At the recent 53rd Annual Ceremony honoring Charles J. Bonaparte, the 46th Attorney General and founder of the Federal Board of Investigation, Lisa Monaco, Assistant to the President for Homeland Security and Counterterrorism, spoke about the importance of tradition, noting that “tradition is important–particularly for those of us from Italian families–and it’s worth preserving.”
The ceremony held at the U.S. Department of Justice, was established in 1961 by the late John LaCorte, Sr., who was also the founder of the Italian Historical Society of America in New York. He worked diligently in his lifetime to help promote the accomplishments of Italian Americans, as a counterpoint to the negative perception of the ethnic group during that era. The tradition is now being carried on by the Friends of Charles Bonaparte, a group of former and current Department of Justice employees.
Luca Franchetti Pardo, Deputy Chief of Mission at the Italian Embassy delivered special remarks, noting the historic and continued cooperation between U.S. law enforcement agencies and their Italian counterparts. Also speaking were Judge Francis Allegra and Associate Deputy Attorney General David Margolis. Maria Marigliano, a senior official with U.S.A.I.D. opened the ceremony with the singing of the national anthems of the Republic of Italy and of the U.S.A. Fr. Ezio Marchetto, pastor of Holy Rosary Church in Washington D.C., gave the invocation. This year’s ceremony was supported by the Sons of Italy, the National Italian American Foundation, and the Lido Civic Club of Washington, D.C. Pino Cicala, founder of Antenna Italia in Washington, D.C., was recognized for having attended all 53 Charles Bonaparte ceremonies.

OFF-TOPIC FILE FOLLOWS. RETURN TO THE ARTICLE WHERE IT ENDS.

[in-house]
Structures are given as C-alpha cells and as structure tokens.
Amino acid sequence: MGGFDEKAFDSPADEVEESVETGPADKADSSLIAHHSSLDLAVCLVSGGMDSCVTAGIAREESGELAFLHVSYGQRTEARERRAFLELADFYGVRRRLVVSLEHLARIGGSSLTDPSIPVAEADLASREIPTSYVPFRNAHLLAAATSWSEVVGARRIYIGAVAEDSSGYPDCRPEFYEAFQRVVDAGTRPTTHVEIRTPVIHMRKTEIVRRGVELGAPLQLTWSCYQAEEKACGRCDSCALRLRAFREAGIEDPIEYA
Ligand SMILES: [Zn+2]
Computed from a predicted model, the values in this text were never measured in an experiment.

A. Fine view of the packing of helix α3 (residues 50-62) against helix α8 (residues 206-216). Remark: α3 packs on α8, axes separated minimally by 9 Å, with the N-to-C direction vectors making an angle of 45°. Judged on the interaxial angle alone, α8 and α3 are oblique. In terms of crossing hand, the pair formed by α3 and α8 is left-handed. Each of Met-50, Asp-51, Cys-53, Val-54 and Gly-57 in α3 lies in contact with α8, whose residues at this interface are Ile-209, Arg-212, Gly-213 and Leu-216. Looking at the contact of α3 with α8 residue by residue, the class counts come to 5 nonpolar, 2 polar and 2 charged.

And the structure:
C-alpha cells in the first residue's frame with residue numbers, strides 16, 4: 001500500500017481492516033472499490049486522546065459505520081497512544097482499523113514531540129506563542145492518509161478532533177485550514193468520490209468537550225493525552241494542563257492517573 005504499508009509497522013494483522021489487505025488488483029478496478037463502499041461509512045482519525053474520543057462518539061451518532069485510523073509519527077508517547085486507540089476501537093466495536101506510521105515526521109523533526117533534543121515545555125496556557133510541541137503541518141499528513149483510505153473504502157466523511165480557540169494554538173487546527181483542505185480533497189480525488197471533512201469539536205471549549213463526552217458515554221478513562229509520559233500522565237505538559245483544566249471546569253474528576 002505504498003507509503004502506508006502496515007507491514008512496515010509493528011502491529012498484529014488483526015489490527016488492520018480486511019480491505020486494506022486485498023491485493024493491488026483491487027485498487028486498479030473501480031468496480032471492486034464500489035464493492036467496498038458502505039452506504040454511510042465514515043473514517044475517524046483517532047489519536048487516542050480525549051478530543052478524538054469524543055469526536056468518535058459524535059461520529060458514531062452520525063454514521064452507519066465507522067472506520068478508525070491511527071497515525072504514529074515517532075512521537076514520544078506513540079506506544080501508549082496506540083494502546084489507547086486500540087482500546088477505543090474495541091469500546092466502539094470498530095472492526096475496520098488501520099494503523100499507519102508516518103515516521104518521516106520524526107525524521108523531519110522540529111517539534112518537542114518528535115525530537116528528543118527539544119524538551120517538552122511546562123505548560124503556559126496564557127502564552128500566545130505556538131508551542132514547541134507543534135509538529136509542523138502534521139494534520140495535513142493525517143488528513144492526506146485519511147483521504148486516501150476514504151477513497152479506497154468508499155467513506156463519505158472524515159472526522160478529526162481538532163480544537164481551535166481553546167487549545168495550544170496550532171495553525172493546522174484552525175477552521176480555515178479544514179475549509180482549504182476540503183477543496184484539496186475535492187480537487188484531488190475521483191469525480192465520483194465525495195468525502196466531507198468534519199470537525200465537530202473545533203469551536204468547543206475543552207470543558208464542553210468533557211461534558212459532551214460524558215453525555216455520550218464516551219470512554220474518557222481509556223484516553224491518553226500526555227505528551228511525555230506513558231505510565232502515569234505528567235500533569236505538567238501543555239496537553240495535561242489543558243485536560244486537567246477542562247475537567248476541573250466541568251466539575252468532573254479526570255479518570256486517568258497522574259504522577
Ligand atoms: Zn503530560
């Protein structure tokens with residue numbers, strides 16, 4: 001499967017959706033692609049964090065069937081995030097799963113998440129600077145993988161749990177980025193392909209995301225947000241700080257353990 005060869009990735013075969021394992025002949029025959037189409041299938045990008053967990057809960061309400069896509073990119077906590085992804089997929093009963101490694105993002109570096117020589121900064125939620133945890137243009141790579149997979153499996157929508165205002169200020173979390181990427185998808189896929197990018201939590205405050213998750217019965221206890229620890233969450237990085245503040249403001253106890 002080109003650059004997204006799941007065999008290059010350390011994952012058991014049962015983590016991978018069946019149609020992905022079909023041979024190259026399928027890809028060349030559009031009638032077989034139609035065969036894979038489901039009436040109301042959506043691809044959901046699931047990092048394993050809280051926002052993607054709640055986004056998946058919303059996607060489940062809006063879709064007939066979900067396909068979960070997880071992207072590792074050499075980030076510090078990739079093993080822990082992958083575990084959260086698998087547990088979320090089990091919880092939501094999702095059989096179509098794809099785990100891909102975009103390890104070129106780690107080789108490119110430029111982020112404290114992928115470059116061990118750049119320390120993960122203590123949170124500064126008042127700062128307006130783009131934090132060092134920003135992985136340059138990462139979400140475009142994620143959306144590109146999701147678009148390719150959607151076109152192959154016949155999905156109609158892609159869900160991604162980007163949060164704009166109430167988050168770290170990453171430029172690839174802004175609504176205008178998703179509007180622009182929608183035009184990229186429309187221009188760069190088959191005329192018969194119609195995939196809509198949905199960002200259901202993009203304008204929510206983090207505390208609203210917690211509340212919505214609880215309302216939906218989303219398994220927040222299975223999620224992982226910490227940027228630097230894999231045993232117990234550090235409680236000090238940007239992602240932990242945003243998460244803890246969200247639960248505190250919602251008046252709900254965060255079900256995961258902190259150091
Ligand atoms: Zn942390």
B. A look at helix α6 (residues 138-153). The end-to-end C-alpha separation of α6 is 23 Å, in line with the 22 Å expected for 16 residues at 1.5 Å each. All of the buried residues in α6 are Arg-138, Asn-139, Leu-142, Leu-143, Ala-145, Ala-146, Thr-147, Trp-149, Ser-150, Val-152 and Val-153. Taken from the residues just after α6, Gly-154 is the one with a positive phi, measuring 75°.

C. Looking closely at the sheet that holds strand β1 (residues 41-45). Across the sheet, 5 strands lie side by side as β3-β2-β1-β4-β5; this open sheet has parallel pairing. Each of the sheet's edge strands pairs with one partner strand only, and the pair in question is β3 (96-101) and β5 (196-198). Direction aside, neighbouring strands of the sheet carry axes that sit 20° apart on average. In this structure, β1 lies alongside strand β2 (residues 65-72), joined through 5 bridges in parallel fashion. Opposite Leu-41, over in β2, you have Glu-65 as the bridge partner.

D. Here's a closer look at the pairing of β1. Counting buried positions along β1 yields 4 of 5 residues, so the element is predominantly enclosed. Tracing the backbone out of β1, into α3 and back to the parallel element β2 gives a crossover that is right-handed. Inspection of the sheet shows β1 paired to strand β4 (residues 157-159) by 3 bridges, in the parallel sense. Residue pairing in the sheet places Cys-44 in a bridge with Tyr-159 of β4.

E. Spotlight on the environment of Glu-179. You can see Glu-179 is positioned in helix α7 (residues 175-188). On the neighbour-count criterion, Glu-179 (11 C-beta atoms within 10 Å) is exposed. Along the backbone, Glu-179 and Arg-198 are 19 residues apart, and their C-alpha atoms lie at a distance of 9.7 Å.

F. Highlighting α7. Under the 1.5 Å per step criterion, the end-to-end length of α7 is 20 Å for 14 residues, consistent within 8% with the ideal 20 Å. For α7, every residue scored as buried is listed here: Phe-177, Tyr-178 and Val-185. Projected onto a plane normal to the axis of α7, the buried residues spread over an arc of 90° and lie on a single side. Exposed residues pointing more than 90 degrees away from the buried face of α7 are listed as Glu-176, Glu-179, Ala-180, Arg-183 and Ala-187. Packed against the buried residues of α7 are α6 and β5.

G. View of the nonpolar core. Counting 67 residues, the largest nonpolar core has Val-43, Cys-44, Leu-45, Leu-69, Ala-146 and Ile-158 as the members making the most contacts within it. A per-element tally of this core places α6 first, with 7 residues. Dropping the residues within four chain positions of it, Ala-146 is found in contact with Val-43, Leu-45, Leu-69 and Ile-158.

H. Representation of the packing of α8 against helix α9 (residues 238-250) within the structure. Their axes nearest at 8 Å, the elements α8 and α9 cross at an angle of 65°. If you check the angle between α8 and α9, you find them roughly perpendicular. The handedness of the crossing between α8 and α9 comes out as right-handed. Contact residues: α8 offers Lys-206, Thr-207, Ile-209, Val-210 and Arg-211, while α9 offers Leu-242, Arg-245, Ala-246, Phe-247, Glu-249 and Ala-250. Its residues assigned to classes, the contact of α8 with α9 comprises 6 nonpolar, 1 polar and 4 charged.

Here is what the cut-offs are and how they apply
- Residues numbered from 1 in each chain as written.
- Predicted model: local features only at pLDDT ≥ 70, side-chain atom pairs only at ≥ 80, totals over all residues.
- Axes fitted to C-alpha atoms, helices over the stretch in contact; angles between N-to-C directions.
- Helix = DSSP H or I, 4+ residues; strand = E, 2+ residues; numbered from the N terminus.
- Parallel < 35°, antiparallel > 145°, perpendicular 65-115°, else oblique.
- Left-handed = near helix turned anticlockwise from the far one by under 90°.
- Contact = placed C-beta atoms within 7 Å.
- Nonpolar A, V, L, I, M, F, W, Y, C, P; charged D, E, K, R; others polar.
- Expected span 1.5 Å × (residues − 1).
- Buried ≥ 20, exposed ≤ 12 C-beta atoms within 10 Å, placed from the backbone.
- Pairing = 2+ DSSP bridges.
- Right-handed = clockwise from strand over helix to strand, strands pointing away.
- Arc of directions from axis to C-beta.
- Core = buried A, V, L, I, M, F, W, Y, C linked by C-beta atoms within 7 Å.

The program was organized by Francesco Isgrò, Chair of the Friends of Charles Bonaparte, and an attorney at the Department of Justice.
Following are excerpts from presidential assistant Lisa Monaco’s prepared remarks, delivered at the 53rd Annual Ceremony honoring Charles J. Bonaparte.
“. . .why is it important that we keep coming together to honor our 46th Attorney General?
Many answers, but mine is: Tradition. Tradition is important–particularly for those of us from Italian families–and it’s worth preserving. It reminds us where we come from and how we got to be who we are. I’ve come to appreciate that more and more as I’ve gotten older.
Being Italian-American didn’t seem like something that made me special when I was growing up. Growing up in a Boston suburb, sometimes it made me feel different. But over time, my identity as an Italian-American, and my family’s traditions, have become a source of great strength and enduring pride.
My father tells me that my grandfather was just 16 when he came to the United States from Biccari, a little hilltop town in southern Italy. He arrived in Philadelphia and took a room at a boarding house that was run by a family who had emigrated from a neighboring hilltop back in Italy. Eventually he opened up a barbershop at 6th and Pine, married the innkeeper’s daughter, and together they raised four children, including my father, on South Broad Street as independent, first-generation Americans.
Many years later, when my grandfather passed away, my father wanted to make sure that his own children knew about their history. So he packed us up–me, my three brothers, mom, dad, and grandma–and took us all to Italy. It was like the Griswold’s family vacations, only with better food.
I was ten at the time, but I remember visiting Biccari and being welcomed home. The whole town felt like family, literally. The mayor of the town was a Monaco and so was the bishop. And I remember how special it was for my grandmother to reconnect with the heritage and traditions–like the nightly passeggiata (the walk around the town square) that was such a critical part of her story, and mine.
That trip made me appreciate my Italian heritage and importance of history and tradition, so I’m honored to be part of another fine Italian-American tradition, celebrating Charles Bonaparte and remembering this chapter of our history.
And it’s particularly meaningful to me not only because of Bonaparte’s Italian roots but because of his legacy in the Justice Department of founding the Federal Bureau of Investigation.”